So what is a thyristor?
A thyristor is actually a high-power semiconductor device, also called a silicon-controlled rectifier. Its structure includes four levels of semiconductor materials, including 3 PN junctions corresponding to the Anode, Cathode, and control electrode Gate. These 3 poles are definitely the critical parts in the thyristor, letting it control current and perform high-frequency switching operations. Thyristors can operate under high voltage and high current conditions, and external signals can maintain their operating status. Therefore, thyristors are popular in different electronic circuits, such as controllable rectification, AC voltage regulation, contactless electronic switches, inverters, and frequency conversion.
The graphical symbol of the silicon-controlled rectifier is generally represented from the text symbol “V” or “VT” (in older standards, the letters “SCR”). In addition, derivatives of thyristors include fast thyristors, bidirectional thyristors, reverse conduction thyristors, and light-controlled thyristors. The operating condition in the thyristor is that when a forward voltage is used, the gate will need to have a trigger current.
Characteristics of thyristor
- Forward blocking
As shown in Figure a above, when an ahead voltage can be used between the anode and cathode (the anode is attached to the favorable pole in the power supply, as well as the cathode is connected to the negative pole in the power supply). But no forward voltage is used to the control pole (i.e., K is disconnected), as well as the indicator light does not light up. This shows that the thyristor will not be conducting and it has forward blocking capability.
- Controllable conduction
As shown in Figure b above, when K is closed, along with a forward voltage is used to the control electrode (referred to as a trigger, as well as the applied voltage is called trigger voltage), the indicator light switches on. Because of this the transistor can control conduction.
- Continuous conduction
As shown in Figure c above, after the thyristor is turned on, whether or not the voltage on the control electrode is taken away (that is certainly, K is turned on again), the indicator light still glows. This shows that the thyristor can carry on and conduct. Currently, to be able to stop the conductive thyristor, the power supply Ea has to be stop or reversed.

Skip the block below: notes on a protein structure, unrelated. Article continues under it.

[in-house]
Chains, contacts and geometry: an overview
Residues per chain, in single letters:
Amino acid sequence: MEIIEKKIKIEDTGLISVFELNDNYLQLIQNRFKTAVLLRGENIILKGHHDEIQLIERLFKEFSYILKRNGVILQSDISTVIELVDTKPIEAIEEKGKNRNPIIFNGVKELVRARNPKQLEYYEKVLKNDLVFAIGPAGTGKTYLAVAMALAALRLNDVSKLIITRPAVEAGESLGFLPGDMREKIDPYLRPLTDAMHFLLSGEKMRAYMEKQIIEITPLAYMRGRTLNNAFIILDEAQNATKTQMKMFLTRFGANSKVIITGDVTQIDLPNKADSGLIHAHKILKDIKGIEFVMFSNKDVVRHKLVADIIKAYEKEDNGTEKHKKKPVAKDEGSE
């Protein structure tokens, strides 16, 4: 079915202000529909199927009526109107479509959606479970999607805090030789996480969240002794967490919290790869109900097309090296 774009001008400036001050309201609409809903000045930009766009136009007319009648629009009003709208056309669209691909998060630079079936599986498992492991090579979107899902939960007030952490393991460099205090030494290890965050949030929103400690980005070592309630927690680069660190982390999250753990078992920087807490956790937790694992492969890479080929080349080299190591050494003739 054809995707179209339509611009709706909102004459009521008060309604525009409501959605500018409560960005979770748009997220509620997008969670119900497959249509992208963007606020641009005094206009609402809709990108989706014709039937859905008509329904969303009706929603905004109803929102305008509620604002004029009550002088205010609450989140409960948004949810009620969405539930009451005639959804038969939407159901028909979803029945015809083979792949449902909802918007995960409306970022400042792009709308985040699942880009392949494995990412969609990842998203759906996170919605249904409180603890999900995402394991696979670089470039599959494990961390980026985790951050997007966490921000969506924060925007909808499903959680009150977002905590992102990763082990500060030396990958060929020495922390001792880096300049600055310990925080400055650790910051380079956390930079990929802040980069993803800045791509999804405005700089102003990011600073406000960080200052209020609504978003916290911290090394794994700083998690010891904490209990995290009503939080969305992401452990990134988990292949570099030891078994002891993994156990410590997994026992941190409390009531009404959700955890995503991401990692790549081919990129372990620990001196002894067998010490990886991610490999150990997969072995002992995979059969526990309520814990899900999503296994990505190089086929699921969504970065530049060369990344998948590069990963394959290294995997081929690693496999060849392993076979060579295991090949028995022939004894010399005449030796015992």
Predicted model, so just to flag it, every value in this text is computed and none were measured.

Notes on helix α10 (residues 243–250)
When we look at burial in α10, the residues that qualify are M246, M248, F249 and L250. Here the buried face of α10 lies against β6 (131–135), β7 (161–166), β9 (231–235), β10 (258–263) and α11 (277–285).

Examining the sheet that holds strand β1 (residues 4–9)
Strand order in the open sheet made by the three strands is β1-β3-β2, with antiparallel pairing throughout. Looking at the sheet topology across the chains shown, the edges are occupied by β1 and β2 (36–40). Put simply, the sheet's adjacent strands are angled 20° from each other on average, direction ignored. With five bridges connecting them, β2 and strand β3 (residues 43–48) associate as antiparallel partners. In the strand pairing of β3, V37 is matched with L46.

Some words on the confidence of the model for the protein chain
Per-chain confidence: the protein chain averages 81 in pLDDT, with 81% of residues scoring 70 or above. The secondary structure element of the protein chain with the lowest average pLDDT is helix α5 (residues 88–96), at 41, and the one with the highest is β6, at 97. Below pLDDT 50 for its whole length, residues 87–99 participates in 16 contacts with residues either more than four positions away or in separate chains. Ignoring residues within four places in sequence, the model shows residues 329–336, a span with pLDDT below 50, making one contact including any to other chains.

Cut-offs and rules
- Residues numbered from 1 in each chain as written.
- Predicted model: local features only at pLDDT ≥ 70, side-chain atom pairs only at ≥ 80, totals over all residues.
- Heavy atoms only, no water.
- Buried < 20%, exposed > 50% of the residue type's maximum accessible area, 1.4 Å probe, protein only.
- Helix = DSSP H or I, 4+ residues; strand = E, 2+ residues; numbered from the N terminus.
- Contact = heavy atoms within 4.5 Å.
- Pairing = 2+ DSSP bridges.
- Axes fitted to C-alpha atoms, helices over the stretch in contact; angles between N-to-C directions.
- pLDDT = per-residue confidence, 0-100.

- Reverse blocking
As shown in Figure d above, although a forward voltage is used to the control electrode, a reverse voltage is used between the anode and cathode, as well as the indicator light does not light up at the moment. This shows that the thyristor will not be conducting and can reverse blocking.
- To sum up
1) When the thyristor is exposed to a reverse anode voltage, the thyristor is in a reverse blocking state no matter what voltage the gate is exposed to.
2) When the thyristor is exposed to a forward anode voltage, the thyristor will only conduct if the gate is exposed to a forward voltage. Currently, the thyristor is incorporated in the forward conduction state, which is the thyristor characteristic, that is certainly, the controllable characteristic.
3) When the thyristor is turned on, as long as there exists a specific forward anode voltage, the thyristor will always be turned on no matter the gate voltage. Which is, after the thyristor is turned on, the gate will lose its function. The gate only works as a trigger.
4) When the thyristor is on, as well as the primary circuit voltage (or current) decreases to close to zero, the thyristor turns off.
5) The disorder for the thyristor to conduct is that a forward voltage ought to be applied between the anode as well as the cathode, and an appropriate forward voltage ought to be applied between the gate as well as the cathode. To transform off a conducting thyristor, the forward voltage between the anode and cathode has to be stop, or perhaps the voltage has to be reversed.
Working principle of thyristor
A thyristor is actually an exclusive triode made from three PN junctions. It can be equivalently thought to be composed of a PNP transistor (BG2) and an NPN transistor (BG1).